Theorem 4.1. Assume that −𝑑𝑙+𝑓𝑢𝐻<0.(5) Then, the species 𝑦 will be driven to extinction, and the species 𝑥 is permanent, that is, for any positive solution (𝑥(𝑘),𝑦(𝑘)) of system (1.4), lim𝑘→+âˆžğ‘šğ‘¦(𝑘)=0,∗≤liminf𝑘→+âˆžğ‘¥(𝑘)≤limsup𝑘→+âˆžğ‘¥(𝑘)≤𝑀1,(4.1) where 𝑚∗=ğ‘Žğ‘™ğ‘ğ‘¢î€½ğ‘Žexp𝑙−𝑏𝑢𝑀1,𝑀1=1𝑏𝑙exp(ğ‘Žğ‘¢âˆ’1).(4.2)

Proof. For condition (𝐻5), there exists small enough positive 𝛾>0, such that −𝑑𝑙+𝑓𝑢<−𝛾<0(4.3) for all 𝑘∈𝑁, from (4.3) and the second equation of the system (1.4), one can easily obtain that 𝑦(𝑘+1)=𝑦(𝑘)exp−𝑑(𝑘)+𝑓(𝑘)𝑥(𝑘)𝑚(𝑘)𝑦(𝑘)+𝑥(𝑘)<𝑦(𝑘)exp−𝑑𝑙+𝑓𝑢<𝑦(𝑘)exp{−𝛾}.(4.4) Therefore, 𝑦(𝑘+1)<𝑦(0)exp{−𝑘𝛾},(4.5) which yields lim𝑘→+âˆžğ‘¦(𝑘)=0.(4.6) From the proof of Theorem 3.1, we have limsup𝑘→+âˆžğ‘¥(𝑘)≤𝑀1.(4.7) For enough small positive constant 𝜀>0, ğ‘Žğ‘™âˆ’ğ‘ğ‘¢ğœ€1−𝑟𝑚𝑙>0.(4.8) For above 𝜀, from (2.9) and (4.6), there exists a 𝑘5>0 such that for all 𝑘>𝑘5, 𝑥(𝑘)<𝑀1+𝜀,𝑦(𝑘)<𝜀.(4.9) From the first equation of (1.4), we have î‚»ğ‘Žğ‘¥(𝑘+1)≥𝑥(𝑘)exp𝑙−𝑐𝑢𝜀1−𝑟𝑚𝑙−𝑏𝑢𝑥(𝑘).(4.10) By Lemma 2.3, we have liminf𝑘→+âˆžğ‘¥ğ‘Ž(𝑘)≥𝑙−𝑐𝑢𝜀1−𝑟/ğ‘šğ‘™î€¸ğ‘ğ‘¢î‚»ğ‘Žexp𝑙−𝑐𝑢𝜀1−𝑟𝑚𝑙−𝑏𝑢𝑀1+𝜀.(4.11) Setting 𝜀→0 in (4.11) leads to liminf𝑘→+âˆžğ‘Žğ‘¥(𝑘)â‰¥ğ‘™ğ‘ğ‘¢î€½ğ‘Žexp𝑙−𝑏𝑢𝑀1def=𝑚∗.(4.12) The proof of Theorem 4.1 is completed.

5. Example

The following example shows the feasibility of the main results.

Example 5.1. Consider the following system: 𝑥(𝑘+1)=𝑥(𝑘)exp1.41+0.12cos(𝑘)−1.78𝑥(𝑘)−0.33𝑦(𝑘)2.16𝑦1/2,(𝑘)+𝑥(𝑘)𝑦(𝑘+1)=𝑦(𝑘)exp−0.62+1.79𝑥(𝑘)2.16𝑦1/2.(𝑘)+𝑥(𝑘)(5.1)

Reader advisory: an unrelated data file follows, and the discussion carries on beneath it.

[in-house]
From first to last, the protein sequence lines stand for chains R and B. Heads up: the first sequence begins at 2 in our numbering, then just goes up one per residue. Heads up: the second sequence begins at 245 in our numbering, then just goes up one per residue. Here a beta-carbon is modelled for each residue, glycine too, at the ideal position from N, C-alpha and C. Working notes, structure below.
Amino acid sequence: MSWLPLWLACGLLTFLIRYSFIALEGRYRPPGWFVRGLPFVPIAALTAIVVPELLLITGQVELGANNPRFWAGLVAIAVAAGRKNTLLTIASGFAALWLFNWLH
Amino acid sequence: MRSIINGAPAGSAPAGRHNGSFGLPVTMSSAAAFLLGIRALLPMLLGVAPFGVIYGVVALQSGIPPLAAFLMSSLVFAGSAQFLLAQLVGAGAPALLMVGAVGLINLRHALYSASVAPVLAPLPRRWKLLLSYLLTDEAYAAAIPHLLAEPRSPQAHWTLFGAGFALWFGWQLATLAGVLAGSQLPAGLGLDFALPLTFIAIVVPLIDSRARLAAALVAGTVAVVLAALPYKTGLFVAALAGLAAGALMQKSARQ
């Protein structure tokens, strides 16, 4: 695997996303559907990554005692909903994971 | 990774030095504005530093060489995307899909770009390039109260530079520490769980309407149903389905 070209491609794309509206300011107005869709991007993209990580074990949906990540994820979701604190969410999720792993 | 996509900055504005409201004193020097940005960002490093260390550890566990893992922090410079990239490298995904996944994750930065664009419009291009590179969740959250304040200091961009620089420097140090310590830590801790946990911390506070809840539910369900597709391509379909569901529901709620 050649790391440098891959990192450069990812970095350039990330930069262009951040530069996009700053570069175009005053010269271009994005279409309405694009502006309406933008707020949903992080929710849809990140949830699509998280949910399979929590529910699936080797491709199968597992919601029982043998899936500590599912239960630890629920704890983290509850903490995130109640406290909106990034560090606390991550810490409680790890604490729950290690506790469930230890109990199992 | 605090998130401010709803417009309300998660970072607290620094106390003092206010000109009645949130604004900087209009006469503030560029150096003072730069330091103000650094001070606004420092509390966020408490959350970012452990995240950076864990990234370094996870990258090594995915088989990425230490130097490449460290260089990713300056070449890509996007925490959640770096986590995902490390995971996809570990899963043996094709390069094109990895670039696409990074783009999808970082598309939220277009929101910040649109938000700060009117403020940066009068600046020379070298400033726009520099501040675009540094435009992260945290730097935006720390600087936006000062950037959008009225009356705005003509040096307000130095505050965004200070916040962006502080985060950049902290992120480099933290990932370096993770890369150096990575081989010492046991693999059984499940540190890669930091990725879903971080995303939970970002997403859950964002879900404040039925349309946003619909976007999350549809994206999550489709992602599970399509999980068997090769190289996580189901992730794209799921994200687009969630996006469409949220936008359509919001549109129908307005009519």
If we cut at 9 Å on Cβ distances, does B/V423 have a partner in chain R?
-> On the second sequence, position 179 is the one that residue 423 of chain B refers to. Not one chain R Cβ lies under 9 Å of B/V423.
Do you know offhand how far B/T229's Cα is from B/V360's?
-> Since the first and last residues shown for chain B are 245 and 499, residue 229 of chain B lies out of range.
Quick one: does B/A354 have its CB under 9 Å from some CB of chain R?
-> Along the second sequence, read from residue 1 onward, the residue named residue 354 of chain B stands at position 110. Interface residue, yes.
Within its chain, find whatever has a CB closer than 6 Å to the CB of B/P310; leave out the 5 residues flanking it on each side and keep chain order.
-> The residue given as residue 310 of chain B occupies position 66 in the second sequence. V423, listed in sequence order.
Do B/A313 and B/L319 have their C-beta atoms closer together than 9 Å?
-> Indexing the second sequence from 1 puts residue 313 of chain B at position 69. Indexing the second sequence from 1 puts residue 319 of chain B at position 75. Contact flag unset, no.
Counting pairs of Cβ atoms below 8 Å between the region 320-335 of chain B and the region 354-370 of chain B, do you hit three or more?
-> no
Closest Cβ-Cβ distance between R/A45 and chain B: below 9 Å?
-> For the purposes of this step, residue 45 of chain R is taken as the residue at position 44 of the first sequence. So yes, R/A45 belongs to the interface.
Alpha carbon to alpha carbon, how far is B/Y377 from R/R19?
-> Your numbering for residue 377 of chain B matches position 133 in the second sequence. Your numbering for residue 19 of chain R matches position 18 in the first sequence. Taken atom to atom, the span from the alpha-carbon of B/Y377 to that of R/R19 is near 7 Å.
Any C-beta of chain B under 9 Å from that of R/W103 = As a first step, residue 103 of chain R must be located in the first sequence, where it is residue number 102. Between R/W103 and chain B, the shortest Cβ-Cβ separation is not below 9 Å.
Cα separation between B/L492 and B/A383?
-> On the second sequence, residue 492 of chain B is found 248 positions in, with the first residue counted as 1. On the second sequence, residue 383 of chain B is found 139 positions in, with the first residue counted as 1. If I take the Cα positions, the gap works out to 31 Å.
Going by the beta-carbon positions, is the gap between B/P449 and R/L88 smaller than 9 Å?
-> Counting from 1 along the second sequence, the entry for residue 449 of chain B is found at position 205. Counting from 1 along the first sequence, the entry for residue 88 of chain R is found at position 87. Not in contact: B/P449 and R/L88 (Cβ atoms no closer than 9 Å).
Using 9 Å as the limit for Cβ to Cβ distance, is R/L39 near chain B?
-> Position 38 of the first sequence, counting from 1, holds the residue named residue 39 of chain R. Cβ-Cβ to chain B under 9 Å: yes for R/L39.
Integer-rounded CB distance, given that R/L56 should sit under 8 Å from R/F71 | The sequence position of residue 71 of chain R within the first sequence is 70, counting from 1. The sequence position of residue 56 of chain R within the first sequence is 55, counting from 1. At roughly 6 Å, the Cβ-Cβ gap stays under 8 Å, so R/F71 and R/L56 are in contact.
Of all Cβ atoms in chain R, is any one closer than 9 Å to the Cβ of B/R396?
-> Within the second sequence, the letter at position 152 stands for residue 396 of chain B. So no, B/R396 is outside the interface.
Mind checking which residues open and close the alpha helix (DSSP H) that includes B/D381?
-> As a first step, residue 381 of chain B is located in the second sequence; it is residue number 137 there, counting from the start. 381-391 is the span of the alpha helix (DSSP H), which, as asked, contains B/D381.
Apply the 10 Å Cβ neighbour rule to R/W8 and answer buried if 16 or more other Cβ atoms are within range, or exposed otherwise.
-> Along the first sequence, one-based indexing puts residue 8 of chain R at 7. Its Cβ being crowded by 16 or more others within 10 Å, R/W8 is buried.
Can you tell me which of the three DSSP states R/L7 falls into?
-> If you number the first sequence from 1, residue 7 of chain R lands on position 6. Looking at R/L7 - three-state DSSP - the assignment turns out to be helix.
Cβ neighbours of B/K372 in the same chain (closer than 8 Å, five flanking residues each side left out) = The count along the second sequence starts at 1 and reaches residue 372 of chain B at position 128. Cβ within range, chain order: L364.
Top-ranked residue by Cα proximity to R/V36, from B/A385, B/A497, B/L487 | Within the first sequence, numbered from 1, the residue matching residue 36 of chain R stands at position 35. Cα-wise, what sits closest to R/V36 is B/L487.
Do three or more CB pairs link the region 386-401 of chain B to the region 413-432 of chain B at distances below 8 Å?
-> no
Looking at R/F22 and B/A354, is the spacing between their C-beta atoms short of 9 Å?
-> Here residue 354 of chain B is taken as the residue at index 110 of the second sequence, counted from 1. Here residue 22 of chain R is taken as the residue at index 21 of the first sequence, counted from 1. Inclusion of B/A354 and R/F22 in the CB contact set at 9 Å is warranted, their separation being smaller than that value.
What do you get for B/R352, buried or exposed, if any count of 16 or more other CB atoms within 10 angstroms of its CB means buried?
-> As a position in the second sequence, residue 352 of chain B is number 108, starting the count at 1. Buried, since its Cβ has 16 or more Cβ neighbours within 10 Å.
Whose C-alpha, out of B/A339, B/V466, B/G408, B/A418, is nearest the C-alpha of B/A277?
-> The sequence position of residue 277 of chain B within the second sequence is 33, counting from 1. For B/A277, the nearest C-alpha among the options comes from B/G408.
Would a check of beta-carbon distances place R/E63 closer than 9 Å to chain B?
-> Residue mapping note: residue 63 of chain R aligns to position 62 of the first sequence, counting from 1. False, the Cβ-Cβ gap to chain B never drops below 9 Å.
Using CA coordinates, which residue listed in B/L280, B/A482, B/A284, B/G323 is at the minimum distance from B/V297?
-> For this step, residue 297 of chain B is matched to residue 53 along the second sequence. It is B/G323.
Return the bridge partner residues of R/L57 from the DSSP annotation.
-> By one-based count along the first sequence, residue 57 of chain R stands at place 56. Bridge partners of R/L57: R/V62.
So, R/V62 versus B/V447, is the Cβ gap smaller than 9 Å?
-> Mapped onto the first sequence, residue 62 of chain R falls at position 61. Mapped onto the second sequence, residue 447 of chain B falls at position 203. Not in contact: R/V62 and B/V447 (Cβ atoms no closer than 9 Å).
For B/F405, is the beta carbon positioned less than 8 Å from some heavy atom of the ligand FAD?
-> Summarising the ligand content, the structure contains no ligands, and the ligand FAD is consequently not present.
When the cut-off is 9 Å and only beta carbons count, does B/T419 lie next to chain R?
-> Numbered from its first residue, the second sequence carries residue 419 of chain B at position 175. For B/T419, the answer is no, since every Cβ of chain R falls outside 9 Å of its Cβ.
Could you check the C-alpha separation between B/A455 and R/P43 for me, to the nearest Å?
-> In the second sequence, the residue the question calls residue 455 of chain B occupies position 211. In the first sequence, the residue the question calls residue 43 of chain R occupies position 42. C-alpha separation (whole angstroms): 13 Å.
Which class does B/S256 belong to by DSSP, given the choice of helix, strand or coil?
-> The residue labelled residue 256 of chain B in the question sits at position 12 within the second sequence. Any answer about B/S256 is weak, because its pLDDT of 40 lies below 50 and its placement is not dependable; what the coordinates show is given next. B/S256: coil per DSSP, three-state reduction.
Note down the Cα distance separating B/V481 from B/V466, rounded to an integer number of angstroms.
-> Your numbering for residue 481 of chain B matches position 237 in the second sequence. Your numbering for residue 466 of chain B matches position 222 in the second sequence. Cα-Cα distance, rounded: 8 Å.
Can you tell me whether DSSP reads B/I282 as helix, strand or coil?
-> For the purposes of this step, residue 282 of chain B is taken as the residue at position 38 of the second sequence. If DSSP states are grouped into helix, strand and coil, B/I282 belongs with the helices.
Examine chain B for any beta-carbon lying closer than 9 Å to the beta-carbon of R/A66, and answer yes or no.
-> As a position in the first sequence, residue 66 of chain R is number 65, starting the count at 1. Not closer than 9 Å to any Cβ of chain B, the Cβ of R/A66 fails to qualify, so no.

One could easily see that there exist positive constants 𝛼=0.01,𝛽=0.05,𝛿=0.001 such that ğ‘Žğ‘™âˆ’ğ‘ğ‘¢ğ‘€21−𝑟𝑚𝑙𝑓≈2.3281>0,𝑙>𝑑𝑢𝑏≈1.1700>0,𝛼min𝑙,2𝑀1−𝑏𝑢𝑐−𝛼𝑢𝑀21−(𝑟/2)4𝑚𝑙𝑚2𝑓−𝛽𝑢𝑀11/24𝑚1𝑚2𝑟/2𝑓≈0.0011>𝛿,𝛽min𝑙𝑚𝑙𝑚1𝑟(𝑚𝑢𝑀𝑟2+𝑀1)2𝑀21−𝑟,2𝑀2−𝑓𝑢𝑀11/2𝑟4𝑚2𝑚11/2𝑐−𝛼𝑢𝑀11/24𝑚𝑙𝑚𝑟2𝑚11/2𝑐−𝛼𝑢𝑀𝑟2(1−𝑟)4𝑚1𝑚𝑟2≈0.0107>𝛿.(5.2) Clearly, conditions (𝐻1)–(𝐻4) are satisfied. It follows from Theorems 2.4 and 3.1, that the system is permanent and globally attractive. Numerical simulation from Figure 1 shows that solutions do converge and system is permanent.

6. Conclusion

In this paper, we have obtained sufficient conditions for the permanence and global attractivity of the system (1.4), where 𝑟∈(0,1). If 𝑟=1 in the system (1.4), the system (1.4) is a discrete ratio-dependent predator-prey model with Holling-II functional response, in this case, HUO and LI gave sufficient conditions for the permanence of the system in [24], however, they did not provide the condition for the extinction of the predator species 𝑦. In this paper, Theorem 2.4 gives the same conditions as that of Huo and Li's condition for the permanence of the system. Furthermore, Theorem 4.1 gives sufficient conditions which ensure the extinction the predator of the system (1.4) when 𝑟=1. If ğ‘Žğ‘™âˆ’ğ‘ğ‘¢/𝑚𝑙>0 holds, then the prey species 𝑥 is permanence. If 𝑟=0 in the system of (1.4), the system is a discrete predator-prey model with Holling-II function response, Theorem 4.1 also holds for the case 𝑟=0.